Focusing on the issues: subsequent workshops provided tutors with opportunities to engage in a deeper analysis of international development and critically engage in issues with local-global dimensions, such as human rights, poverty, homelessness, exploitation, inequality, trade, debt and climate change. Other workshops facilitated tutors in looking at curricula and learning objectives and identify suitable through a DE lens to identify suitable entry points for DE content.
Follow-on support: a key component of the initiative is providing tutors with follow-on support and resources. It is important to keep the momentum going after the workshops and reach out to tutors on a regular basis with news of updated materials and resources online, often tied into current events. For example, in the run-up to the local and European elections, materials were added to the DEBATE Moodle site which explored democracy as a human right and provided case studies of democracy in action in other settings.
While the project was completed in 2014 some initial learning from the project can be identified:
- In designing education workshops, participants respond better and make deeper connections to the methodologies and issues focus when the content of the workshops responded to key concerns and challenges raised by the tutors in the baseline data.
- Having a strong monitoring and evaluation plan is crucial. While feeding into ongoing workshop design it also enables tracking progress and measuring impact in the long-term, such as new DE awareness raising initiatives organised by tutors that have taken part in the programme.
- It is important to keep the momentum going after the workshops and reach out to tutors on a regular basis with news of updated materials and resources online, often tied into current events. For example, in the run-up to the local and European elections, materials were added to the DEBATE Moodle site which explored democracy as a human right and provided case studies of democracy in action in other settings.
To assess the impact of the training, tutors complete evaluation forms post-training. Initial findings indicate that tutors find the training enjoyable, beneficial and practical. They are particularly appreciative of the ongoing support and resources.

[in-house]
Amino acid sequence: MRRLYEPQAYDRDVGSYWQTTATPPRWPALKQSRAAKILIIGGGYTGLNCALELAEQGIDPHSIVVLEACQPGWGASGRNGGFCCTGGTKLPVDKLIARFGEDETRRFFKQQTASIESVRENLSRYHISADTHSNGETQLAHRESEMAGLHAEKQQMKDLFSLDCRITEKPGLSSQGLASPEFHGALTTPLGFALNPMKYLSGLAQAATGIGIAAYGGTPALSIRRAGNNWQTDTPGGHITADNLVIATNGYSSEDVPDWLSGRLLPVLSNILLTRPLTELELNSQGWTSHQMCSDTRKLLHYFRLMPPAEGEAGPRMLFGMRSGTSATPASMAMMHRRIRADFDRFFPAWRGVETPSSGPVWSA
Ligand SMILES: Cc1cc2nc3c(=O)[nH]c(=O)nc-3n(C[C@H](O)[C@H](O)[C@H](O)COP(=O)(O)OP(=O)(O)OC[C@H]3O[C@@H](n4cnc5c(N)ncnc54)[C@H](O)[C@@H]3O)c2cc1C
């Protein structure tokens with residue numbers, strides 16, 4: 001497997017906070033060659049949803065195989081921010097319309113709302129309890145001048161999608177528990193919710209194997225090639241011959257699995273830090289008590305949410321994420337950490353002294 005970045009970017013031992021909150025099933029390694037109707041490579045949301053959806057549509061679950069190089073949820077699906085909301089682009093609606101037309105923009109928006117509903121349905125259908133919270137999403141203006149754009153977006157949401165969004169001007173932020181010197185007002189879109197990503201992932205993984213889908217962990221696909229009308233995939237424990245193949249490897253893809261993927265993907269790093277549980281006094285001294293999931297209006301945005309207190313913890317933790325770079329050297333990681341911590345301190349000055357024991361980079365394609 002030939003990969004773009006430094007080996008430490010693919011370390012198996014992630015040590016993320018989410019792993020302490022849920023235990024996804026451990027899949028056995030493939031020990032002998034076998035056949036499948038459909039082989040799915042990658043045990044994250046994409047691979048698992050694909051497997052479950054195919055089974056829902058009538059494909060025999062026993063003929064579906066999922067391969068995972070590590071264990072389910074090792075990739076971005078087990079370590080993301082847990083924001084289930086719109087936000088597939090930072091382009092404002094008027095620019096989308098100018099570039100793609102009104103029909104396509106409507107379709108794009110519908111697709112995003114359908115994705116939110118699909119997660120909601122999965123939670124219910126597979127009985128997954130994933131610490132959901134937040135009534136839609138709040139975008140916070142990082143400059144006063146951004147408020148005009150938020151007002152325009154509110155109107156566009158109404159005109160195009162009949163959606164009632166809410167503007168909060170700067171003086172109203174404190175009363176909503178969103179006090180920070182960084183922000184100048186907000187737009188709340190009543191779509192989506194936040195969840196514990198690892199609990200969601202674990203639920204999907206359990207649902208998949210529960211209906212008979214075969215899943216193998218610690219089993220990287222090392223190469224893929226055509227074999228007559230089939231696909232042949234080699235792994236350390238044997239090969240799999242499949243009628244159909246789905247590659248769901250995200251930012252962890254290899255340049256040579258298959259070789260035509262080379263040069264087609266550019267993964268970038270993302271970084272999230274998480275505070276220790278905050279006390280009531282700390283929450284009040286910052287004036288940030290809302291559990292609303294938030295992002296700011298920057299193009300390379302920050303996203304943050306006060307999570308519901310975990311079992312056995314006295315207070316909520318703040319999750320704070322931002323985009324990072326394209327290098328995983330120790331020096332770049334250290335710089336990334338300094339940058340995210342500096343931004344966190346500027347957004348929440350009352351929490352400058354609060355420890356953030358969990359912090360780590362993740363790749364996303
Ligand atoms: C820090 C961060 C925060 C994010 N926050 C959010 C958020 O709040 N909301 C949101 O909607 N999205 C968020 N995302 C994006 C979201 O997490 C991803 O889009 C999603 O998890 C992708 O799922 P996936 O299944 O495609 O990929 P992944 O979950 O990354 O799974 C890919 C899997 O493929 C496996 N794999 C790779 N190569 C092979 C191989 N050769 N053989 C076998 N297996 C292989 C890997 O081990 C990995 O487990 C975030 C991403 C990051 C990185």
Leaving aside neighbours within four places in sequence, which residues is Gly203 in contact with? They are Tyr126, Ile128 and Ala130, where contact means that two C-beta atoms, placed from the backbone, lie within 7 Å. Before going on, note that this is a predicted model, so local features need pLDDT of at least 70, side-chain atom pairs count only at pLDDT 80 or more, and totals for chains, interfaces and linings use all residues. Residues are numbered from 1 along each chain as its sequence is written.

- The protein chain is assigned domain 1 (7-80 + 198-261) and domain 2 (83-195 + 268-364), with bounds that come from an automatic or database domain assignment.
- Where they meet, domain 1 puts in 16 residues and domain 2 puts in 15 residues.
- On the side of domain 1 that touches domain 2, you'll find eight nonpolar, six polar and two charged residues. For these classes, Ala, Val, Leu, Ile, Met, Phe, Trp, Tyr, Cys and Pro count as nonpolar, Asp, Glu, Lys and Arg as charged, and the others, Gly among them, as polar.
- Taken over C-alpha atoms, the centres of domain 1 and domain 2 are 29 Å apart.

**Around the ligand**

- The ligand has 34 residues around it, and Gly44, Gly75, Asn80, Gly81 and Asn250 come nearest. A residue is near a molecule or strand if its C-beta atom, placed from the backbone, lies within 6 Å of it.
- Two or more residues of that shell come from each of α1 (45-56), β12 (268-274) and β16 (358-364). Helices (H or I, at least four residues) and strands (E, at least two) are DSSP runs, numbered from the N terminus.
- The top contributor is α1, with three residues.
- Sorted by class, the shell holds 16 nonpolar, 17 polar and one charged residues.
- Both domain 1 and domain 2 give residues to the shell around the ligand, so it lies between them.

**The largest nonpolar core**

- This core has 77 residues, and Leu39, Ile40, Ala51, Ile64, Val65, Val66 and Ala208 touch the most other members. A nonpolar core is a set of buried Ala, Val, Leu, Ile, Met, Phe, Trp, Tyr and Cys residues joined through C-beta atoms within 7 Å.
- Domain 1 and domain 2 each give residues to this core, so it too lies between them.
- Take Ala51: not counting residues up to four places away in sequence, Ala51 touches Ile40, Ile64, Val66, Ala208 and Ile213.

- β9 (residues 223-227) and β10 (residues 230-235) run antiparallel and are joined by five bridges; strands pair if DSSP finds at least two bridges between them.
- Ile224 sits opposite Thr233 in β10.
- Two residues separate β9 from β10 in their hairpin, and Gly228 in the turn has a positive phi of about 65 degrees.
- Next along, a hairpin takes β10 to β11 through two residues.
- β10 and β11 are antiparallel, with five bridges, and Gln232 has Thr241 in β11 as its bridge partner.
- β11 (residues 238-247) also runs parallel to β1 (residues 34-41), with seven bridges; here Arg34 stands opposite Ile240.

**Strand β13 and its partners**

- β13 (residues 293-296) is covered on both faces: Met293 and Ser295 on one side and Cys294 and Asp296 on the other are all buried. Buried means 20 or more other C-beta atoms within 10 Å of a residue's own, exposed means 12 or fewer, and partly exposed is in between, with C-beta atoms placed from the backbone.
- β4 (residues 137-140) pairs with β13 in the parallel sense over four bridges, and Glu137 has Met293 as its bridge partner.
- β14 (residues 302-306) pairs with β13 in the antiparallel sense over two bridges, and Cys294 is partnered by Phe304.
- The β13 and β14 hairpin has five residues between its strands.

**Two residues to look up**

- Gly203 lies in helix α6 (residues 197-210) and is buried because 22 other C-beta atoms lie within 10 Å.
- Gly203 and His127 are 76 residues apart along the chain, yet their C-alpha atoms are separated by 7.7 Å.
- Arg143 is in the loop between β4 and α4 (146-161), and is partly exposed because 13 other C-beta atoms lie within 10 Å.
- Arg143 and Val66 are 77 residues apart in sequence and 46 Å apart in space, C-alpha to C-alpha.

The true measure of training like this is whether a ripple effect is achieved, i.e. that tutors take the learning from the workshops and apply it to their teaching practice, thereby multiplying the effect of the initial interventions. To assess this, we are monitoring the use of the Moodle site and the number of times materials are accessed online or through the DEBATE resource library.
In the near future, learning portfolios submitted by students of the tutors who engaged in training will be checked to see if DE content has been integrated into the delivery of the course objectives.
Links to Project Activities
- The DEBATE Project website which raises awareness of key development issues, promotes DE events and training and provides a portal to DEBATE Moodle (Staff Zone): www.thedebateproject.ie
- Flipboard magazine published to support the project: The Great D.E.B.A.T.E. issue 1
- A human rights photo competition was organised and exhibited in the training centre space (see photos)
This initiative is part of a multi-stranded project funded by Irish Aid and Dublin & Dún Laoghaire ETB to support and promote DE within Adult Education Services.
Other strands include:
- Direct provision of accredited and unaccredited courses which address specific development themes to adult learners
- Awareness raising activities, such as FairTrade Coffee Mornings, Human Rights Photography
- Exhibitions and Food & Sustainability Seminar
- Development and validation of a FETAC- accredited suite of DE modules at Levels 4, 5 and 6.